All schools in England that remain under local authority control are now living with the threat of being forced to become academies. As the mother of a child who attends a school that chose to become an academy, rather than have its hand forced, it is painfully ironic to watch this happen. Considering the government’s rhetoric on educational choice, freedom and autonomy that supposedly accompanies its academies agenda, parents will soon have little option but to send their child to an academy.
Whether the forced academisation of all England’s schools will actually happen or not remains to be seen. Over 130,000 people have so far signed a petition calling on the government to rethink the plans announced in the recent budget, with teachers set to march in protest against the issue.
Regardless of what legal powers are introduced to make the plans a reality, the existence of the threat of forced academisation legislation is likely to colour all future decision-making of schools’ governing bodies. Under the cloud of such a threat the logical question for schools is: do we academise now on our own terms or wait to be forced under unknown circumstances and conditions?
Act now, or be forced to
I recently experienced this exact form of constrained decision-making with regards to proposals to convert my child’s school – Parrs Wood High School, Manchester – to an academy. In our case, the strongest argument in favour of academy conversion was that of the fear of being forced to do so.
The consultation period took place during the progression period of the recent Education and Adoption bill, which introduced new measures for the government to forcibly academise any school that is deemed to be “coasting”. The lack of clarity about what this term means, coupled with the uncertainty about the direction of educational policy regarding schools’ governance, is likely to fuel rumours and instil fear. This was arguably the case in my child’s school.
The following excerpt from personal correspondence with the governing body at my child’s school in December 2015 exposes the underlying principle of fear driving the decision-making process, when all other arguments in favour of conversion were exposed as weak or lacking foundation. The governors stated:
This government has made it clear that they are going to take all schools out of LA control in the life of this parliament. The greatest danger to schools is that they are forced to academise with a DfE [Department for Education] approved chain. This is currently what happens after an Ofsted report which defines the school as requiring improvement or inadequate.
In the Education and Adoption bill due to be law in January a school can be forced to become part of an academy chain if it is seen as coasting. We don’t know what that is, but it is clear a dip in results or even a lack of improvement could fit this definition. So the choice for a governing body is to wait to be academised or to academise on its own terms.
What is the agenda?
There is still no conclusive evidence to support claims that academies raise standards and any success academies may have had might be explained by increased investment in schools. Add to this uncertainty highlighted by Labour about how much turning all schools into academies will cost, and it is difficult to produce an argument of substance in favour of such aggressive change.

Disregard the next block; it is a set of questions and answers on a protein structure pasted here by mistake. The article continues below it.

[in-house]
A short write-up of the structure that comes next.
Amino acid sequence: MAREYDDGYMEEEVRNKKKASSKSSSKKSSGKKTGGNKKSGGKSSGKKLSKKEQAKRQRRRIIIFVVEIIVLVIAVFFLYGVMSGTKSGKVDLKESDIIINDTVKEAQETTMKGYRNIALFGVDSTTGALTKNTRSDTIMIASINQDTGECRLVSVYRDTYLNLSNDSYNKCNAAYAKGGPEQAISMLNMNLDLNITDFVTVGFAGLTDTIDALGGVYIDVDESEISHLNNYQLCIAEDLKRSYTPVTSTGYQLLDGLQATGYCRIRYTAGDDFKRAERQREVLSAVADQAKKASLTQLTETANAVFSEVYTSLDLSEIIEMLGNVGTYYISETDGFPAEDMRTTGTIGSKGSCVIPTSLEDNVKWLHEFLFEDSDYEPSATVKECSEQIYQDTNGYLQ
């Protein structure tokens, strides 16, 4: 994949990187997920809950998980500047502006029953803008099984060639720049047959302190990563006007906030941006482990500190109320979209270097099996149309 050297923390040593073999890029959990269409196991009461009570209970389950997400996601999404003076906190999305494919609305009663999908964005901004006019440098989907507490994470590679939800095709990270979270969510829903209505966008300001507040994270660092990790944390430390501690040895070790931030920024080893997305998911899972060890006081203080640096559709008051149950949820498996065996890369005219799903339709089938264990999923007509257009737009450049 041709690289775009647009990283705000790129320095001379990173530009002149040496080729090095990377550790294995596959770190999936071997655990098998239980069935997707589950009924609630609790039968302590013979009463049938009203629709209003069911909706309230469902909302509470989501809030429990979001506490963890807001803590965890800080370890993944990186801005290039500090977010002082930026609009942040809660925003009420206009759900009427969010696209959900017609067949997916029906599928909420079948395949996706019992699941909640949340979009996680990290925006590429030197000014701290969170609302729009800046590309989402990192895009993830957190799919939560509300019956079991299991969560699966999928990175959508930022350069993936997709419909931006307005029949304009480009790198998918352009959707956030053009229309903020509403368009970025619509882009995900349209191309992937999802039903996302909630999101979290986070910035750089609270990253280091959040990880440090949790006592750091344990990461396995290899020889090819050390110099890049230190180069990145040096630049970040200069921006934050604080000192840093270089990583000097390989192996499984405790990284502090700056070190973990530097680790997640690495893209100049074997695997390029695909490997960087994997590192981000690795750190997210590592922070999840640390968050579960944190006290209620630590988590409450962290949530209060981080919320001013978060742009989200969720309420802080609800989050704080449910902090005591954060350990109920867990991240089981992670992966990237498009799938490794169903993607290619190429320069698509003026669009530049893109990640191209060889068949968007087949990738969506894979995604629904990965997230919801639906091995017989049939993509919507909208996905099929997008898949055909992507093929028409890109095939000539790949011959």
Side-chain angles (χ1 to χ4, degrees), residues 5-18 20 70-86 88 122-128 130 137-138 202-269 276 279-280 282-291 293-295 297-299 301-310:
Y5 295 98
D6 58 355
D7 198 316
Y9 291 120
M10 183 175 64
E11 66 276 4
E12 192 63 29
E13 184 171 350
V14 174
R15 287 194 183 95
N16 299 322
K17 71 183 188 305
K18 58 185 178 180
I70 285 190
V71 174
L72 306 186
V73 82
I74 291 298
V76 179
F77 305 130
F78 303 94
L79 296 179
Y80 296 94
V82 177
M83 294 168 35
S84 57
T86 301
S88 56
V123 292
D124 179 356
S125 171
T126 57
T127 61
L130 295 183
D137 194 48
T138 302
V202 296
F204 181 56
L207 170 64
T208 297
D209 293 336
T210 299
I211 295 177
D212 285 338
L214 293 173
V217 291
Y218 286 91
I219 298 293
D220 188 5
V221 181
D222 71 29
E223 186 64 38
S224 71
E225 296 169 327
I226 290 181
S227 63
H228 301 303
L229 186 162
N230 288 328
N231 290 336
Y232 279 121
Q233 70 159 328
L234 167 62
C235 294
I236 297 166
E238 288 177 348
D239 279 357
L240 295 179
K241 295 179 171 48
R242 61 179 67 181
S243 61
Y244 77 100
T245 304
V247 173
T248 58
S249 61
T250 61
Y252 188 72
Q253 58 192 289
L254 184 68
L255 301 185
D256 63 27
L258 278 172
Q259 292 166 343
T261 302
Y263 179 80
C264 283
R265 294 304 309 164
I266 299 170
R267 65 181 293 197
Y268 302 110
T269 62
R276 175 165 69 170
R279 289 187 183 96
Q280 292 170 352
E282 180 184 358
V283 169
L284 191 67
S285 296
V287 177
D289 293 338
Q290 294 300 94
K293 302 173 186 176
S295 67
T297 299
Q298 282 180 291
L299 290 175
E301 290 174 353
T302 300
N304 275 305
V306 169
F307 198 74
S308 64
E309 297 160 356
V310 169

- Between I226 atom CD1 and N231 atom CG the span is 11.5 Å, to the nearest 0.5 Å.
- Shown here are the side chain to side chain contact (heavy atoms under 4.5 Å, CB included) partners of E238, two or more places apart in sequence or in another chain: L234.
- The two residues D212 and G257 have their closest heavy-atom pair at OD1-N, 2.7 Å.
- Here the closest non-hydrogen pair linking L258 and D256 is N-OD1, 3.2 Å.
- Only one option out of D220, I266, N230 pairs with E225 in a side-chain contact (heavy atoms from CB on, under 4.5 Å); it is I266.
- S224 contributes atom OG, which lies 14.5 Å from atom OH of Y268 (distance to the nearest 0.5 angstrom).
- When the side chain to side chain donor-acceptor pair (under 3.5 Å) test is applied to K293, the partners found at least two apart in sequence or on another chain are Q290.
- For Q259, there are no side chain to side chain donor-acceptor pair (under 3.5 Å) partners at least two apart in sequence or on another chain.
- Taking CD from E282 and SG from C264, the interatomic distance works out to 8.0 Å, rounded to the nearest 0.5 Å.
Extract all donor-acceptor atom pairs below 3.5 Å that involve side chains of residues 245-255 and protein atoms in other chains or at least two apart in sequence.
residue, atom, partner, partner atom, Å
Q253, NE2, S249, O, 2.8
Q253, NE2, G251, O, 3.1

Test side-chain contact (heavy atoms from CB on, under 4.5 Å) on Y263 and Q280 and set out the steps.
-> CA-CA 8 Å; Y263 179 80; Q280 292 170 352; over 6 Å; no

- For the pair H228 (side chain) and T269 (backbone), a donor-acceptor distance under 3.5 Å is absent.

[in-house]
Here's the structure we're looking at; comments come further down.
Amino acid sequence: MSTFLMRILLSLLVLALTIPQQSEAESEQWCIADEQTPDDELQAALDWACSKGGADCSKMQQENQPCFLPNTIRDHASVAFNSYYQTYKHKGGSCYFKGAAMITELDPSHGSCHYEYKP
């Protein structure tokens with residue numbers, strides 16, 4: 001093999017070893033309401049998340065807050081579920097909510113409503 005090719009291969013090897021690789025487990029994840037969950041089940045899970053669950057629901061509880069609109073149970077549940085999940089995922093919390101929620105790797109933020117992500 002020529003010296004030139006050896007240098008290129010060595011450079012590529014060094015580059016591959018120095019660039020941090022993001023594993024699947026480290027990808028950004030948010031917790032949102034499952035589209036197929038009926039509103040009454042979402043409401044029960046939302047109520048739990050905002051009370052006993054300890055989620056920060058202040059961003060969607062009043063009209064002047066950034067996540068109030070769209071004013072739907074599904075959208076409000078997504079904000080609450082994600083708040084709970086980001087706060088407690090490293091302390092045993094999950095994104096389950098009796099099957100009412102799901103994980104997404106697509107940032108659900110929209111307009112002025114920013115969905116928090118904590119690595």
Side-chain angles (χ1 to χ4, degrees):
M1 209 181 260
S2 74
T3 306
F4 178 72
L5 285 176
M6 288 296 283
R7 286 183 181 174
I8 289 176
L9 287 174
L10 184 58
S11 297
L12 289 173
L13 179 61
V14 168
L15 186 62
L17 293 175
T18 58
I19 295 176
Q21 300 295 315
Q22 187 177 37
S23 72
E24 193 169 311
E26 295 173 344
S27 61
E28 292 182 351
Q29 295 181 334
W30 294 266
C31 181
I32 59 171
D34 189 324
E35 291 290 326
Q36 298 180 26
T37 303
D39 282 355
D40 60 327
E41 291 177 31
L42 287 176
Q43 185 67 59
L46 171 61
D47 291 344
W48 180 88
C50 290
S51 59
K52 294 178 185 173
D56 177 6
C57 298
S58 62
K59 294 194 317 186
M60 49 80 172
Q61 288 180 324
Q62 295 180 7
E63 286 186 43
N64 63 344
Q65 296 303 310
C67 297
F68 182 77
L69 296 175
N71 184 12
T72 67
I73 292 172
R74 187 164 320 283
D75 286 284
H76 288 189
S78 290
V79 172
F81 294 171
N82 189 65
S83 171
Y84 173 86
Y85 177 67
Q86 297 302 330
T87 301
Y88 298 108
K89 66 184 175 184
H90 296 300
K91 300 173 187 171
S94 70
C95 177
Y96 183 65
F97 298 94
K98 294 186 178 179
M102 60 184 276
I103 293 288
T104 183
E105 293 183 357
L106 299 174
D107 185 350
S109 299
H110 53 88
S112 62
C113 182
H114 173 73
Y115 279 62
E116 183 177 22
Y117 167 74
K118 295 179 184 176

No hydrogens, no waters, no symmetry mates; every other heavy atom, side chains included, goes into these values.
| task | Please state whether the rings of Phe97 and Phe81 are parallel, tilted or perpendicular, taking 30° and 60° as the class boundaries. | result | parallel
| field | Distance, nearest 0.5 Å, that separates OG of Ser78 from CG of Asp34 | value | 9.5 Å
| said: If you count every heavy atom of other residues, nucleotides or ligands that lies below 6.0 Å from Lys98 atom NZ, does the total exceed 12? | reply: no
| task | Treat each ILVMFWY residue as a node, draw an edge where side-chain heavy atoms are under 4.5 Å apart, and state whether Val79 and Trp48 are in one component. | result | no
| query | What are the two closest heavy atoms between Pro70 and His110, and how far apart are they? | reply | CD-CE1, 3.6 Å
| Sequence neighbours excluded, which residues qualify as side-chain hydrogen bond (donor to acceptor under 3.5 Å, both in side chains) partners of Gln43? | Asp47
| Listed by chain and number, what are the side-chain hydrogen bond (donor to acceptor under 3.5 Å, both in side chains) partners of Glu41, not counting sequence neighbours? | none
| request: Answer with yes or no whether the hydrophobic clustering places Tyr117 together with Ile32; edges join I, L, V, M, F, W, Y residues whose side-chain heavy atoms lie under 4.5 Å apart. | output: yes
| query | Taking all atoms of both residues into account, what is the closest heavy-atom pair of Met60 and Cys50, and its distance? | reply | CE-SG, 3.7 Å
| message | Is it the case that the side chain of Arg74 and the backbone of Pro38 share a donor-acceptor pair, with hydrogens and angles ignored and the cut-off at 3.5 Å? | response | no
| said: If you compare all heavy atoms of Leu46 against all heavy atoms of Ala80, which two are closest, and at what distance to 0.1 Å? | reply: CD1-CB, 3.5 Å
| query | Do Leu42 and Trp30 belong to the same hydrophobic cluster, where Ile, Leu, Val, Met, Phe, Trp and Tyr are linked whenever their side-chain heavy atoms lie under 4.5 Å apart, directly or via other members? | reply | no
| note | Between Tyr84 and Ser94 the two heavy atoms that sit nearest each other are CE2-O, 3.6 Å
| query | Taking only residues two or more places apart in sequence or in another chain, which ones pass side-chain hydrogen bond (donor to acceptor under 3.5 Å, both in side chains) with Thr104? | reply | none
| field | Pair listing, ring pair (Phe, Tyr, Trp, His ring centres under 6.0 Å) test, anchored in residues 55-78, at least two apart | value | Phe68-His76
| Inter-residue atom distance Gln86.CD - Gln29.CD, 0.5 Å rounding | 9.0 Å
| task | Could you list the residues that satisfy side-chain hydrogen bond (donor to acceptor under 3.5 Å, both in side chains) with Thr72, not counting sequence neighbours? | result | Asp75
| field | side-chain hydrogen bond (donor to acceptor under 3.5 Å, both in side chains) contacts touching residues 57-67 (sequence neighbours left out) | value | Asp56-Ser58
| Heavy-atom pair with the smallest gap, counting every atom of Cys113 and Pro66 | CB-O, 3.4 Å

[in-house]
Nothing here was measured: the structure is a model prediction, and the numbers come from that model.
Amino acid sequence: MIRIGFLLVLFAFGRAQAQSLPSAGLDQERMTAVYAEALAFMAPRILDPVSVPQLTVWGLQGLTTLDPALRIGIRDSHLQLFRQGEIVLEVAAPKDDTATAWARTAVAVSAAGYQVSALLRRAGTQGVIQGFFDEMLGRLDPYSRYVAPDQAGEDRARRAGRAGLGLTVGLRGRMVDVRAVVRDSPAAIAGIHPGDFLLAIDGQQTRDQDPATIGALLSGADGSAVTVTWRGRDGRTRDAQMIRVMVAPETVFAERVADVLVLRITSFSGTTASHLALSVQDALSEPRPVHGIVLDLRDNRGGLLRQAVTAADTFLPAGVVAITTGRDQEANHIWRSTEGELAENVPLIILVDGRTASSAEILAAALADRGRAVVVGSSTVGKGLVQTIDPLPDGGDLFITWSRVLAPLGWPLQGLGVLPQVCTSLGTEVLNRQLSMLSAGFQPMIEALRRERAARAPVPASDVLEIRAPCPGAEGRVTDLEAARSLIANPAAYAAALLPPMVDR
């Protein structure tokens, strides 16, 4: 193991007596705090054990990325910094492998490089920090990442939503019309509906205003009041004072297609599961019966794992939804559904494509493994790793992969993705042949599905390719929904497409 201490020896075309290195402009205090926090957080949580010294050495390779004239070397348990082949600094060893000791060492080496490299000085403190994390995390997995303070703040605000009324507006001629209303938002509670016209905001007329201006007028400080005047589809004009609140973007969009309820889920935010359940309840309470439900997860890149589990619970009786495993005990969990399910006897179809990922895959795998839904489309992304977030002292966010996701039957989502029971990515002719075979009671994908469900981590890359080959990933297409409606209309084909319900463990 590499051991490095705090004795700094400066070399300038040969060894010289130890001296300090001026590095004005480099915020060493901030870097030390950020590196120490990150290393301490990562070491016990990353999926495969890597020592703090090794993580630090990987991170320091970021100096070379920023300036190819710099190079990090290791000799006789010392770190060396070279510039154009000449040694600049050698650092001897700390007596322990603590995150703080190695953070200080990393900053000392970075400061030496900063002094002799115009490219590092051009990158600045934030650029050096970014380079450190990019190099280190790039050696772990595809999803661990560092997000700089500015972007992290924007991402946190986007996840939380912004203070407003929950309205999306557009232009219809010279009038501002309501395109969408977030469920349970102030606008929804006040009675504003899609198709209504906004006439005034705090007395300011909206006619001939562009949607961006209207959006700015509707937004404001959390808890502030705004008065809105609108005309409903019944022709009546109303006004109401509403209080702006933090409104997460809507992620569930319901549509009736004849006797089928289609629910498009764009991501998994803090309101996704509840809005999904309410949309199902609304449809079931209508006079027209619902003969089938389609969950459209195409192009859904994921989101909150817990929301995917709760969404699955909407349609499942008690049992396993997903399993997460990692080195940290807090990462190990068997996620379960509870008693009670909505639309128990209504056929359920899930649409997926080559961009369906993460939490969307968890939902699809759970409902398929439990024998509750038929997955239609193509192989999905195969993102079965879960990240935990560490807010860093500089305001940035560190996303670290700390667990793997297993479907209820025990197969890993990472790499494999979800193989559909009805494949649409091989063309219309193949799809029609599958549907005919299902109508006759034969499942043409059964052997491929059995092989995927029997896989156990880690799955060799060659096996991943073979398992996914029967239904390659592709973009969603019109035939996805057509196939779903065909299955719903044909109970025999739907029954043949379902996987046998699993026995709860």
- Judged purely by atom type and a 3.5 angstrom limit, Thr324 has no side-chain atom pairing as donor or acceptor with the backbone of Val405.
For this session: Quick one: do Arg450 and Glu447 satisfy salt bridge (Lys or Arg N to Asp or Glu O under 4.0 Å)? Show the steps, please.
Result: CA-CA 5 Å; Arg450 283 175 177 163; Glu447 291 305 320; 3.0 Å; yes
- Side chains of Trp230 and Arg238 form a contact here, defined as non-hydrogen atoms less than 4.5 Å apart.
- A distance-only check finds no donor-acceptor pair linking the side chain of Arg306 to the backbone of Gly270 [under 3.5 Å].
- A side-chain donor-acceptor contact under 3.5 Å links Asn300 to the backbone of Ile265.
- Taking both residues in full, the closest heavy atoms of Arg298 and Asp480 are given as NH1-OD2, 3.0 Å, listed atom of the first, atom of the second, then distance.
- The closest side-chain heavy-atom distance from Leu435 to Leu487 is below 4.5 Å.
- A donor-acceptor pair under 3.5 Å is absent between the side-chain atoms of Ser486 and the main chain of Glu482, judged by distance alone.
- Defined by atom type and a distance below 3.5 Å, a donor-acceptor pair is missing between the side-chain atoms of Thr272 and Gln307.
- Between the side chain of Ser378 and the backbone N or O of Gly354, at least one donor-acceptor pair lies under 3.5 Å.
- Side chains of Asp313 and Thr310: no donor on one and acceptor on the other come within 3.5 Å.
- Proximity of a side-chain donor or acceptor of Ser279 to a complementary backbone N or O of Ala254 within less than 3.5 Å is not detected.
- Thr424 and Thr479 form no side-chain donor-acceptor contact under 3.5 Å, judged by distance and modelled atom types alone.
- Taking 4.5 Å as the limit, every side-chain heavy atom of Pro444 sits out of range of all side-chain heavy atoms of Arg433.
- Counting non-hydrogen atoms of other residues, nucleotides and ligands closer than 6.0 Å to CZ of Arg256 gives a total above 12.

Arguments in favour of academisation are questionable and are increasingly undermined by evidence-based research, yet the academies agenda retains a strong foothold in educational policy. The National Foundation for Educational Research (NFER) recently argued for the need to articulate a clear vision of the aims of academy policy and whether it benefits pupils.
The strongest opposition to academisation has so far come from grass roots campaigns. Since the Conservative-led coalition stepped up the transformation of schools into academies, official lines of opposition have been delivered from the National Union of Teachers and the Labour Party, but without any robust campaigning.
Disappointingly, Labour’s shadow education minister, Lucy Powell, has been somewhat lacklustre in her responses to academisation. In the case of my child’s school in Manchester (which she coincidentally attended herself as a pupil), her response was to refuse to offer her opinion on whether the school should convert or not. She adopted the party line of the school governors – that it is better to take control of academisation than to be forced into it. She later stated that plans to remove the consultation process for schools that the government deem coasting was a problematic development that needed to be avoided.
Yet the consultation process for Parrs Wood High School highlights the redundancy of such a process when a governing body is prepared to make decisions regardless of the opinions of those with an interest in the future of the school. A freedom of information request in relation to the consultation process revealed that 81% of staff, 75% of parents and 71% of outside agencies said no to academisation, still the decision to convert was taken. This gives a whole new meaning to the notion of forced academisation.
Surely there is a better way. The debate on academisation needs to focus on the question of what the benefits are. Academisation leads to increased connection between state education and private sector businesses. Therefore the fear that academisation is another step towards the privatisation of the education system is something that can no longer be ignored.